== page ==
Goodbye, Dragon Inn
Rent: $4.99

7 Day Rental

Goodbye, Dragon Inn

On a dark, wet night a historic and regal Chinese cinema sees its final film. Together with a small handful of souls they bid 'Goodbye, Dragon Inn'. In Tsai Ming-liang’s minimalist yet multifaceted film, the soon-to-be-shut-down movie palace, the Fo-Ho-- its screening room, projection booth, hallways, bathrooms-- becomes a sort of haunted house.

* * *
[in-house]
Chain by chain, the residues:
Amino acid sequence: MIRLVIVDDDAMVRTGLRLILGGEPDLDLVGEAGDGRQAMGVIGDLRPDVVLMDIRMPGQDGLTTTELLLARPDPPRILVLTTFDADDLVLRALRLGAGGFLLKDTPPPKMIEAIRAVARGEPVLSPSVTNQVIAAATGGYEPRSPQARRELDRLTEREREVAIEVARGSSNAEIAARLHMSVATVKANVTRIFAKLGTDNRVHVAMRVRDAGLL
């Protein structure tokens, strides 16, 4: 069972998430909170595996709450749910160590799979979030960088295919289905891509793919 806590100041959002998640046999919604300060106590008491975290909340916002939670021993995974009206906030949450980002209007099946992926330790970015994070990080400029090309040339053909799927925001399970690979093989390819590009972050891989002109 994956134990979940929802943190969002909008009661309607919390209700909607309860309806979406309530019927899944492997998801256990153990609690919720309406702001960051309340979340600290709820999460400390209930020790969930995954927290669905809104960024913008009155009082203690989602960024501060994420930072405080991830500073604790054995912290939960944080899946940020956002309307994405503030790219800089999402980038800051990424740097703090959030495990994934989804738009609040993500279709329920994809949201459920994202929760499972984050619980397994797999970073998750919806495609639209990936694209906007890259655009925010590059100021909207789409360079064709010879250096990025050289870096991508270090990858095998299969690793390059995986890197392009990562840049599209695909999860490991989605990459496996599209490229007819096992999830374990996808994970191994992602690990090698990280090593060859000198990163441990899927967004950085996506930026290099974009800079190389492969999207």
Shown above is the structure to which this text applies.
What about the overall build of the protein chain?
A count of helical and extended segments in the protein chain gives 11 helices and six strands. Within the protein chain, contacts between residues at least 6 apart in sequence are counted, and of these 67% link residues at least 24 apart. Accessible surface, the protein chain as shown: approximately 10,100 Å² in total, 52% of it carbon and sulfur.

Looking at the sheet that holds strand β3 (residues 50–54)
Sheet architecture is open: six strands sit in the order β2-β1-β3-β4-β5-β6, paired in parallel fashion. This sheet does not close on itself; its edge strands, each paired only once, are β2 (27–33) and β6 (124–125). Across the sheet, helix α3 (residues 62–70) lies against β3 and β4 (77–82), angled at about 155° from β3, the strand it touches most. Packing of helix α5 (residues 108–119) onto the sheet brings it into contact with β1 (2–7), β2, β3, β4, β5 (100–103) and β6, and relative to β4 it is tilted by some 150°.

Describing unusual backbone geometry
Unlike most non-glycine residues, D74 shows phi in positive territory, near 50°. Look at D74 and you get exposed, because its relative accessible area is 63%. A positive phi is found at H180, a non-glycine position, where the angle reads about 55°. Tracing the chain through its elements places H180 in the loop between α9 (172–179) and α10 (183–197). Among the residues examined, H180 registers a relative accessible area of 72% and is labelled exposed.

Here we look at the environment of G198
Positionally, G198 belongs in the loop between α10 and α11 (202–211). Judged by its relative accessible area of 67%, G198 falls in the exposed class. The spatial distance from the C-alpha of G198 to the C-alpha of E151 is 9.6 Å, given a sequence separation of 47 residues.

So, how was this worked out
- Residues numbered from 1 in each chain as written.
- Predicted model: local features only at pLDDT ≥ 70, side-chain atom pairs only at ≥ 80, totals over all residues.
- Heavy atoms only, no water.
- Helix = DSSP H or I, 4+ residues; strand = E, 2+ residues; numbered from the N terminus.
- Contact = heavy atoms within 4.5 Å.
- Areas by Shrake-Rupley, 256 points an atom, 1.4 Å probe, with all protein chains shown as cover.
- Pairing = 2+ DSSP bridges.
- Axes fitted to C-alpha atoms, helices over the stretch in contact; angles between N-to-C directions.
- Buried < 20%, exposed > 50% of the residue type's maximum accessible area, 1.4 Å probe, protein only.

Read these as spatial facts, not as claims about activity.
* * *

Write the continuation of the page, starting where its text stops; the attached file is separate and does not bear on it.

Like the Royal Theater in The Last Picture Show and the title movie house in Cinema Paradiso, the Fu-Ho is shutting down for good. The Fu-Ho’s valedictory screening is King Hu’s 1967 wuxia epic Dragon Inn, playing to a motley smattering of spectators. The standard grievances persist: patrons snack noisily and remove their shoes, treating this temple of cinema like their living room. The sense that moviegoing as a communal experience is slipping away takes on a powerful and painful resonance. Yet Tsai Ming-liang’s GOODBYE, DRAGON INN is too multifaceted to collapse into a simple valentine to the age of pre-VOD cinephilia. A minimalist where King Hu was a maximalist, preferring long, static shots and sparse use of dialogue, Tsai rises to the narrative challenges he sets for himself and offers the slyest, most delicate of character arcs (the manager, a woman with an iron brace on her leg, embarks on a torturous odyssey to deliver food to the projectionist, played by Lee Kang-sheng). By the time the possibility arises that the theater is haunted, we’ve already identified it as a space outside of time—indeed, two stars of Hu’s original opus, Miao Tien and Shih Chun, watch their younger selves with tears in their eyes, past and present commingling harmoniously and poignantly. 4K Restoration by CINEMATEK, the Royal Film Archive of Belgium.